Afternoon Alert   -   Wednesday, October 20, 2021
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Broadcasters led with reports on the eruption of Mt. Aso in Kumamoto (NHK), an announcement by the North Korean media that the DPRK successfully test-fired a new type of SLBM on Tuesday (TBS, Fuji TV, TV Asahi), and a press conference held by Gunma University Hospital on the detection of highly concentrated nitrogen in the water supply after 10 hospitalized newborns were diagnosed with methemoglobinemia (NTV).


U.S. calls on North Korea to engage in dialogue

TV Asahi reported at noon that the U.S. government called on North Korea to engage in dialogue following its launch of a new type of SLBM on Tuesday. The network showed White House Press Secretary Psaki telling the press: "We condemn the DPRK's ballistic missile launch. These launches violate multiple UN Security Council resolutions and are a threat to the region. We call on the DPRK to refrain from further provocations and engage in sustained and substantive dialogue." She also called on the DPRK to swiftly engage in dialogue by stressing that the recent ballistic missile launches by the North "underscore the urgent need for dialogue and diplomacy." Psaki also reportedly stressed that the U.S. offer to meet with North Korean officials anywhere, anytime, without preconditions remains unchanged. The network added that senior officials of the United States, Japan, and South Korea in charge of North Korean issues met in Washington on Tuesday and agreed on continued cooperation toward realizing U.S.-DPRK dialogue and strengthening regional deterrence.

In a related story, all networks reported on an announcement by Rodong Sinmun this morning that North Korea successfully test-fired a new type of submarine-launched ballistic missile (SLBM) on Tuesday.

AUKUS spurs French strategic review with tilt toward Japan, India (Nikkei Asia)

Russia to draw up legislation for disputed isle development (Jiji Press)

CCS Matsuno expresses desire to solve Northern Territories issue (Mainichi)

Afghanistan evacuation reveals limitations of “unarmed” Japanese Embassy (Nikkei)


Chinese ships return to Senkaku area for first time since Oct. 16 (Sankei)

Chinese and Russian navies’ Tsugaru Strait transit highlights growing defense ties (The Japan Times)

Interview with former NSS head Kitamura: Strengthen the Cabinet’s intelligence capacity (Nikkei evening edition)

Infographic: Political parties’ security platforms (Nikkei)


Japan mulling financial aid for data centers (Jiji Press)

BOJ proceeds to second stage of digital currency verification test (Nikkei)

Japan is in fiscal spending phase: Keidanren chief (Nikkei)

Editorial: Nippon Steel case vs Toyota shows it’s time to take the China risk seriously (Japan Forward)

U.S. gov’t urges Kawasaki Heavy to inspect carriages over derailment (Kyodo News)


As Lower House campaign begins, national security takes new prominence (The Japan Times)

LDP projected to retain majority in election but lose 40 seats (The Japan Times)

Japan parliamentary race hits record low for candidates under 40 (Nikkei Asia)

Party leaders hit the streets as national election campaign starts (The Asahi Shimbun)

Prime minister’s schedule on Oct. 19, 2021 (Sankei)

Single-seat districts exacerbate difficulty in increasing female candidates (Asahi)

Infographic: Trends in no. of Lower House election candidates, 1946–2021 (Mainichi, Nikkei)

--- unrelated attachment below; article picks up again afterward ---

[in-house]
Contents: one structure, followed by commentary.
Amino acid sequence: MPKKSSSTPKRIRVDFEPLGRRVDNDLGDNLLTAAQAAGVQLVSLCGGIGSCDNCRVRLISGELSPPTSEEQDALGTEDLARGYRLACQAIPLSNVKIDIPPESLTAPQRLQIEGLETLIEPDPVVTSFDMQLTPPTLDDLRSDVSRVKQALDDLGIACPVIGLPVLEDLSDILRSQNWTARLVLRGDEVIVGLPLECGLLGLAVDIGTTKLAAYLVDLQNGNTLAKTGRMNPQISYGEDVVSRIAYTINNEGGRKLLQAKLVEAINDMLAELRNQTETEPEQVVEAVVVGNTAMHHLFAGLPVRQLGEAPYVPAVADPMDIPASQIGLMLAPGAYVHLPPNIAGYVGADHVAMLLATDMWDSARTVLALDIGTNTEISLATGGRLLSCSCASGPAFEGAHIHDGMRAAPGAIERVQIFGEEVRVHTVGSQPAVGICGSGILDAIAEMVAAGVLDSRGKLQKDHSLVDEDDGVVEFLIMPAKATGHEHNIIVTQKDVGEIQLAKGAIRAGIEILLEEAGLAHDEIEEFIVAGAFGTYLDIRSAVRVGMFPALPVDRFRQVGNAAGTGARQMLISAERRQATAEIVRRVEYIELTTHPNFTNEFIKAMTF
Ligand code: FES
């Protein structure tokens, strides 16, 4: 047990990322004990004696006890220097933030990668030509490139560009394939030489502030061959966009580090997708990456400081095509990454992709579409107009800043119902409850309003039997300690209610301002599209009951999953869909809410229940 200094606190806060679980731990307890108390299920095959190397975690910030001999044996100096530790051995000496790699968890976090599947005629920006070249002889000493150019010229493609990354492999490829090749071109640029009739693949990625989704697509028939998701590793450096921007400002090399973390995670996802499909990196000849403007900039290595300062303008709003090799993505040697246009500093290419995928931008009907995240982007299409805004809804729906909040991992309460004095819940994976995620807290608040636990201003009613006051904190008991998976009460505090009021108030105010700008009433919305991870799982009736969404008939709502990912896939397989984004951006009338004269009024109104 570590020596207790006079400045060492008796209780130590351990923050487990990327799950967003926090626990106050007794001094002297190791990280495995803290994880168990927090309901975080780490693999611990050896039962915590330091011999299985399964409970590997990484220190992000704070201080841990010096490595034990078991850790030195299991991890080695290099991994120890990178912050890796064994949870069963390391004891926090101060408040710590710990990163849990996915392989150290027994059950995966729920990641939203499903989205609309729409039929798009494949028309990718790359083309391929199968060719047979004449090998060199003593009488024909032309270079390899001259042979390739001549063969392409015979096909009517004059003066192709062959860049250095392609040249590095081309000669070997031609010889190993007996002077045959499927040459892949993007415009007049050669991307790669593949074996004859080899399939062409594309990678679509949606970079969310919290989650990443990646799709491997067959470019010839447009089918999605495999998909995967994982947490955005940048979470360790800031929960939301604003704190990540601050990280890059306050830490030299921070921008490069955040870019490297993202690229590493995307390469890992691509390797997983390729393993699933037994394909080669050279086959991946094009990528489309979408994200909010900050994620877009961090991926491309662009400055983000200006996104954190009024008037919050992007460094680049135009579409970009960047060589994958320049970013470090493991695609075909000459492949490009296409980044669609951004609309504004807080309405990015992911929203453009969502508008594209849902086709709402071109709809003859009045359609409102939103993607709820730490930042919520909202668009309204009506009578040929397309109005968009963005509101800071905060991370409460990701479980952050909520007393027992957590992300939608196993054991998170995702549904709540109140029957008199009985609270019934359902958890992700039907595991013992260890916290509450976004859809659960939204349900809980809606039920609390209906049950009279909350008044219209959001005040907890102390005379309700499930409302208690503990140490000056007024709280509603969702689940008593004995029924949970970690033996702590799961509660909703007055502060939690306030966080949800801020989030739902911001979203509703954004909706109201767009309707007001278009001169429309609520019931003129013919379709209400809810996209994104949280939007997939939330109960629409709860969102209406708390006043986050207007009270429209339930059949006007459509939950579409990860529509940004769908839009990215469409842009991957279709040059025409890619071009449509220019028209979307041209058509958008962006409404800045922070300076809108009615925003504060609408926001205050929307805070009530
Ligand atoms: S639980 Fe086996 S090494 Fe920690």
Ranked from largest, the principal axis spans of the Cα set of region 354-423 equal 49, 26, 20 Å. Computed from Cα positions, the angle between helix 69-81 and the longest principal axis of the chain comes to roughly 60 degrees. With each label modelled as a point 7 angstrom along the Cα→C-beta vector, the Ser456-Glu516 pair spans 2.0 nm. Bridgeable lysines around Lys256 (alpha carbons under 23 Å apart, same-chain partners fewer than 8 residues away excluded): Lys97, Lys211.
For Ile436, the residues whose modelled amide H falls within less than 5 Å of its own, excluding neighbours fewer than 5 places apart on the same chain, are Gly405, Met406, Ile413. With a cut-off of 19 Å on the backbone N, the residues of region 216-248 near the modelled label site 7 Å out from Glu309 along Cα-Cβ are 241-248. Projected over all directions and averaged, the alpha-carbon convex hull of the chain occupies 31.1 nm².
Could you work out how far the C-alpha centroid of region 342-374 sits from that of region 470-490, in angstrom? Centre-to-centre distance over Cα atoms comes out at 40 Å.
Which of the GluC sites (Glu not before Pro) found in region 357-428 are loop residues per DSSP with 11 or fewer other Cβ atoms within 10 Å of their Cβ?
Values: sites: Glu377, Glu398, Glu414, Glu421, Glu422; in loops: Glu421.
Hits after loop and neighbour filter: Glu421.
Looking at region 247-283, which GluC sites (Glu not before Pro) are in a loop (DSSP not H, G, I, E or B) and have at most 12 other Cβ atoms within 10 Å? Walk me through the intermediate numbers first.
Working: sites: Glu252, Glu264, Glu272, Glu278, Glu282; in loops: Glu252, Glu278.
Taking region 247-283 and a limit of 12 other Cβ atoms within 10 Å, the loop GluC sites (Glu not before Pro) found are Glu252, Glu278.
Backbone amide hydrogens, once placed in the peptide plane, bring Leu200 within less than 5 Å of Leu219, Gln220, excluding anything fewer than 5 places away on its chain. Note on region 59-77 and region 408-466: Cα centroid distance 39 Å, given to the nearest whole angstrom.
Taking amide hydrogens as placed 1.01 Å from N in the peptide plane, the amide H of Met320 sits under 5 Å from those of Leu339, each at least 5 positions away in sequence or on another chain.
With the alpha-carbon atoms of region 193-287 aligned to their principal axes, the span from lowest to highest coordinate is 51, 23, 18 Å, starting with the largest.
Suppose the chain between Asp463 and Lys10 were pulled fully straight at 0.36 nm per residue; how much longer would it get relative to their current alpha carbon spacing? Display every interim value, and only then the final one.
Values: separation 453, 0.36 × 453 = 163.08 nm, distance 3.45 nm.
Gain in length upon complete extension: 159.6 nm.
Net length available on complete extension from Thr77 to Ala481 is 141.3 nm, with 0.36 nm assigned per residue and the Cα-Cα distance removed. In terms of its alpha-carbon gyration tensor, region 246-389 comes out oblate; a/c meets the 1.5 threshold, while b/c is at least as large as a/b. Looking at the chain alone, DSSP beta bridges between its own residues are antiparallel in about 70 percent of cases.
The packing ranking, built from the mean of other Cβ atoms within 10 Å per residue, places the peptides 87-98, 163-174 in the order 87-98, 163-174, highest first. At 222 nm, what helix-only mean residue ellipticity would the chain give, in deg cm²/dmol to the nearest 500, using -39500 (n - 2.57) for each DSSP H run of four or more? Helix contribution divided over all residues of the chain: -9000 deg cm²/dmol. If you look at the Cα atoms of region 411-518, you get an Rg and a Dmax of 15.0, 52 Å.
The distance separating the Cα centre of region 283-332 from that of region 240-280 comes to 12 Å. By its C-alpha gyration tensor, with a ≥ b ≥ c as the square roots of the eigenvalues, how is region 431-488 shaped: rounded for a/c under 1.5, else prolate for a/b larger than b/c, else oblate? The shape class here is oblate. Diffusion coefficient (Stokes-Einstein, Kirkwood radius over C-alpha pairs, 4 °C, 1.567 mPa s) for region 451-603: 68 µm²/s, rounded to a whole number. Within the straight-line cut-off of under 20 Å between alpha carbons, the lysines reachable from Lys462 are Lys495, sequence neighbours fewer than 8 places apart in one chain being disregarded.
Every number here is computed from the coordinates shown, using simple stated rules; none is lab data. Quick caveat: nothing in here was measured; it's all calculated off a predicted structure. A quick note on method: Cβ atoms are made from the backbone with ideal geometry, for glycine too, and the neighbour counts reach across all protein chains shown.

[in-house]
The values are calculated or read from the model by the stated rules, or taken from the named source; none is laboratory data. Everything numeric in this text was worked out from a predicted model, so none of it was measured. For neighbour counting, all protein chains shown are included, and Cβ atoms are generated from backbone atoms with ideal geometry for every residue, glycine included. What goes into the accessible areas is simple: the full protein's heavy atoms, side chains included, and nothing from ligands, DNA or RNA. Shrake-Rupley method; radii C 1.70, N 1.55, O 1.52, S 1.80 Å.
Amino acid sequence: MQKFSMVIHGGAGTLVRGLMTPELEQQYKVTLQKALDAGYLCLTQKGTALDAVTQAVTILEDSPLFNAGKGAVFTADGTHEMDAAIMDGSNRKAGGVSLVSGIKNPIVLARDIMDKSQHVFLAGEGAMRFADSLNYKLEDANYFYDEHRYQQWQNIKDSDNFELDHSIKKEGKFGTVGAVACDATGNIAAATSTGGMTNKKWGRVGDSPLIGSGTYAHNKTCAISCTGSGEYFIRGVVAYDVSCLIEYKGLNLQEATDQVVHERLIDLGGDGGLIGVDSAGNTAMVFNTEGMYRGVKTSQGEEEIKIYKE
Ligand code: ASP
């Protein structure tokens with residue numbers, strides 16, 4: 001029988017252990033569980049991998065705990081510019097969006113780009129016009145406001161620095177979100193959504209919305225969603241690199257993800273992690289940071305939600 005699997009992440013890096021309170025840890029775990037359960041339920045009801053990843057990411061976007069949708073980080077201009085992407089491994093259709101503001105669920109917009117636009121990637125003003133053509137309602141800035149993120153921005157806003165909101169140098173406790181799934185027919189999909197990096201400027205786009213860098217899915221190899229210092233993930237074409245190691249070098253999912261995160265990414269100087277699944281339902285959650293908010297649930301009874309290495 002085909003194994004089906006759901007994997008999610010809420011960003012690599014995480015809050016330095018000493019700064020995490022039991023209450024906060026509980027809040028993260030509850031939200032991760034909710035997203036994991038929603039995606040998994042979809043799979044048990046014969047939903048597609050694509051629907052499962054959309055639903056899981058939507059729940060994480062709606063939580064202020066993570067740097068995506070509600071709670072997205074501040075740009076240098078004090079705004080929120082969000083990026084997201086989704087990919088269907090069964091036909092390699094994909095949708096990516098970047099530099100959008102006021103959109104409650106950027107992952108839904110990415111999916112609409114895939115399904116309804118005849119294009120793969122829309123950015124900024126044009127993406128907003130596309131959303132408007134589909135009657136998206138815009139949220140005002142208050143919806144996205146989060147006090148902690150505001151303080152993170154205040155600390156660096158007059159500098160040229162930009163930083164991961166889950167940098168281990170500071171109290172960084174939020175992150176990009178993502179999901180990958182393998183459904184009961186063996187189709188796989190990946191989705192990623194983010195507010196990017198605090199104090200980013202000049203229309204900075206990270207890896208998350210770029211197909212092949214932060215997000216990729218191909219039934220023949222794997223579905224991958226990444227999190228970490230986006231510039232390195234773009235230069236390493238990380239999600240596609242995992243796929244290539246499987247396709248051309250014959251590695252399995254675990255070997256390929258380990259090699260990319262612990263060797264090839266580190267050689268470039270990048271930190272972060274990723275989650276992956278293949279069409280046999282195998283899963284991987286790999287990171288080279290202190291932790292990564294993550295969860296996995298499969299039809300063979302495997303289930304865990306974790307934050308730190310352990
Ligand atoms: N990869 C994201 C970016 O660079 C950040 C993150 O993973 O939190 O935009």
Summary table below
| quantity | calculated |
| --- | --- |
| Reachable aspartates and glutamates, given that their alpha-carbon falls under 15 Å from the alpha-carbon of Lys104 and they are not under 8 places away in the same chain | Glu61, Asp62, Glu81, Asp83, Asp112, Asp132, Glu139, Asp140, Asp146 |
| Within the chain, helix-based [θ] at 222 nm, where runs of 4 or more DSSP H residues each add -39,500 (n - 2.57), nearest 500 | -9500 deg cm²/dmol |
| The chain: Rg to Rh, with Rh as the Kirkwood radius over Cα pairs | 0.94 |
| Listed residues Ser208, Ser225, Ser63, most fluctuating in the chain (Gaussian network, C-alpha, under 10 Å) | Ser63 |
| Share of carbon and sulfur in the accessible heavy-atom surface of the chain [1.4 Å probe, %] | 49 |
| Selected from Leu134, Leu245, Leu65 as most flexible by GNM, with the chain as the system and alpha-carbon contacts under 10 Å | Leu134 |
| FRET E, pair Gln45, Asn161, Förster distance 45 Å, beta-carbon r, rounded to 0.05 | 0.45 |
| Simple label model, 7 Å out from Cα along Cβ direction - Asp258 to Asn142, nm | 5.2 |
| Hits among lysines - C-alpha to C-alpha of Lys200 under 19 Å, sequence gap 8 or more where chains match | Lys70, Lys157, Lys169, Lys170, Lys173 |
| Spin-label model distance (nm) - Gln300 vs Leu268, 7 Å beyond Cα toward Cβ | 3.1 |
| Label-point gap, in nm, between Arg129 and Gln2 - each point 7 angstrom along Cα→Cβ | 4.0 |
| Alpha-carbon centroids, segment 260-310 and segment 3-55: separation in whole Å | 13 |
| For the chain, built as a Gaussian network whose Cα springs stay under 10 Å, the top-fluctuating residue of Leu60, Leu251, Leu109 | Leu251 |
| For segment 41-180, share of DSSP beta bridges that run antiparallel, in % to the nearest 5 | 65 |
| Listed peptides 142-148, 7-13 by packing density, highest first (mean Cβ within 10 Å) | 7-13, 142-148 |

Women make up less than 18% of candidates in Japan general election (Kyodo News)

Infographic: Voter turnout rate at Lower House elections since 1949 (Yomiuri)

Strength of in-house groups in House of Councillors (Yomiuri)

Editorial: Voters must evaluate responsibility of parties’ plans for Japan’s future (The Japan News)

Editorial: Lower House poll can help cure political woes caused by LDP (The Asahi Shimbun)

Vote-value gap exceeds 2 times in Japan’s Lower House (Jiji Press)

Family business? Newcomers face hurdles in Japan’s election (Nikkei Asia)

Editorial: Japan’s parties must face young people’s worries to stop slide into voter apathy (The Mainichi)

Cartoon: The battle for the most pork-barrel spending (Tokyo Shimbun)

Cartoon: The money tree (Asahi)


Japan’s key electronics fair opens with spotlight on low-carbon tech (Kyodo News)


Editorial: Government’s new pandemic measures need fleshing out (The Asahi Shimbun)

Colin Powell, last of the battle-hardened diplomats (Nikkei Asia)

Errors in vaccine database could delay digital certificate plan (The Asahi Shimbun)

Japan’s Empress Emerita Michiko turns 87 (Jiji Press)

IMF official calls on Japan to promote science education for women (Jiji Press)


Defense Ministry to issue vaccination certificates for civilian workers at U.S. bases

Okinawa Times wrote that the Ministry of Defense announced on Tuesday that it would issue certificates for civilian employees who have received COVID-19 vaccines at U.S. bases in Japan to use as proof of vaccination when entering foreign countries. The ministry’s local offices will accept applications for the certificates. The paper wrote that the governments of the United States and Japan agreed in June that the U.S. military would provide COVID-19 vaccines to base workers who wished to receive them. However, the workers have not been able to obtain vaccination certificates from local municipalities because the vaccination program was not conducted in accordance with Japan’s Preventive Vaccination Law. According to the ministry, about 12,000 employees at U.S. military installations in Japan and some 4,200 of all 9,000 U.S. military base employees in Okinawa have been vaccinated on base.

Kadena town assembly protests accidental firing of training flare (Ryukyu Shimpo)

U.S. Embassy Tokyo Media Analysis and Translation Team